The executive board of the International Olympic Committee on Friday announced its intent to award the 2024 and 2028 Summer Olympic Games to Paris and Los Angeles, all but guaranteeing Los Angeles will host the Games in 11 years.
The long-expected recommendation to make a simultaneous award of two Summer Games to the two finalist candidate cities was announced at the conclusion of the IOC’s board meeting in Lausanne, Switzerland. The decision is expected to be formalized at a special meeting next month in Lausanne.
While the IOC board did not recommend which city will get the Summer Games in which year, Paris officials have repeatedly said their will not be willing to host the Games in 2028, while Los Angeles Mayor Eric Garcetti has said his city would be willing to do so. So, barring further unexpected developments, Los Angeles will be awarded the 2028 Summer Games.
“The situation of these candidature for 2024, having two such great cities and such great countries, having two candidatures which are really enthusiastic and really promoting the Olympic Games and Olympic Spirit in a great way - this represents a golden opportunity for the Olympic Games and the IOC,” IOC President Thomas Bach said in a statement released at a press conference after the Lausanne meeting.
After the announcement, L.A’s Olympic bid committee released a joint statement from Garcetti and committee president Casey Wasserman.
“We welcome the IOC Executive Board’s decision to recognize two excellent bids from two of the world’s greatest cities,” Garcetti and Wasserman said in the statement. “With no new permanent venues to build and unwavering public support, Los Angeles is an eternal Olympic city and ideal partner for the IOC.”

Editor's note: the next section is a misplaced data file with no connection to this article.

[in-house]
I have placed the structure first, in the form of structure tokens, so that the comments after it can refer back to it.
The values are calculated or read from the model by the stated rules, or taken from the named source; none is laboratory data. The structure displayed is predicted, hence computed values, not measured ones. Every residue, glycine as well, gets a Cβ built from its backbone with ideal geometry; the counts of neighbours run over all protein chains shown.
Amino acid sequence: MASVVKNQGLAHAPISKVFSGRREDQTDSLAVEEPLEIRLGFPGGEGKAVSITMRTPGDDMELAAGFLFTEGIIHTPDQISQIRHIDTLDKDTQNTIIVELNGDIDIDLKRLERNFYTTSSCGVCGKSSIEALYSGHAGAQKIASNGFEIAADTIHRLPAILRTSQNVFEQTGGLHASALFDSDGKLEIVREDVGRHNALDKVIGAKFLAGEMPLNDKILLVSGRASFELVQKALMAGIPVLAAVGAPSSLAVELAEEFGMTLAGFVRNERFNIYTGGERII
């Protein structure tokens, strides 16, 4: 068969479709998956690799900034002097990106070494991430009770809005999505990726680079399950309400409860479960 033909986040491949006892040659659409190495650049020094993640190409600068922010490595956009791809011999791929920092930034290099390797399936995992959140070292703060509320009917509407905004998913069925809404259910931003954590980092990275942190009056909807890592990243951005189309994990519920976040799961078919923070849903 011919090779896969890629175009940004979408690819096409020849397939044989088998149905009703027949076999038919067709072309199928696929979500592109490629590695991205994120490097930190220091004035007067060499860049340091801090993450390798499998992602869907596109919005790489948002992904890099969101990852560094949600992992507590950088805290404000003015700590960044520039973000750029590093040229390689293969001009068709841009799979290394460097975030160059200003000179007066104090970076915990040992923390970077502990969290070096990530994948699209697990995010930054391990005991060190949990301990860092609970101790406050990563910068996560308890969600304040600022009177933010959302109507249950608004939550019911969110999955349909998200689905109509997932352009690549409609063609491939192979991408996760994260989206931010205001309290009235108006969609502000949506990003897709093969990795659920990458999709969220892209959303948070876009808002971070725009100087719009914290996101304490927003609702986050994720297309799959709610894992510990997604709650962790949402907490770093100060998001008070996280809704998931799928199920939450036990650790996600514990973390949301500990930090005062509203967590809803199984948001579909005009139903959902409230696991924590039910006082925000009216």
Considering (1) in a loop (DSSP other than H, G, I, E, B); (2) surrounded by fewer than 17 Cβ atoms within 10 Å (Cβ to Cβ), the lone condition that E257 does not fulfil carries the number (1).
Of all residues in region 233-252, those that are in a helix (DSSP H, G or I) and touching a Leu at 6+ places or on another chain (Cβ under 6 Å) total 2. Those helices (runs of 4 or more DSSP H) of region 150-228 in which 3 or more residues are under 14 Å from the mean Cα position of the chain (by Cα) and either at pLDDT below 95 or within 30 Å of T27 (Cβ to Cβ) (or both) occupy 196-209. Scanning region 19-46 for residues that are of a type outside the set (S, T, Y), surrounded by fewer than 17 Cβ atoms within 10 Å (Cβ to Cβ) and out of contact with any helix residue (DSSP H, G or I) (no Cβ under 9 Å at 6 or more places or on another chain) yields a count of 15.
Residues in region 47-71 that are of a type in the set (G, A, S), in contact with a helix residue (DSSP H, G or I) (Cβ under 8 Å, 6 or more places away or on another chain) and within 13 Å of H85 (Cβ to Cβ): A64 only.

L.A.’s $5.3 billion bid, which relies heavily on private funding, requires the construction of only one temporary venue for rowing events; bid committee officials last year ditched a $1 billion-plus plan to build a new Olympic Village and instead use existing dormitories and housing around the UCLA campus.
L.A.’s reliance on existing venues and its comparatively slimmed down budget - previous Olympic Games have run up tabs into the tens of billions of dollars - has made it an especially attractive bid as other cities and countries have shied away because of the costs. IOC officials have said they intend to revamp the bidding process to focus more on delivering cost-effective Games.
The Wall Street Journal last month reported that in exchange for agreeing to wait until 2028, the IOC would give Los Angeles funding for youth sports programs and some financial assistance to defray the costs of maintaining an Olympic host committee for an additional four years.
Public policy and energy reporter Howard Fine can be reached at firstname.lastname@example.org. Follow him on Twitter @howardafine.
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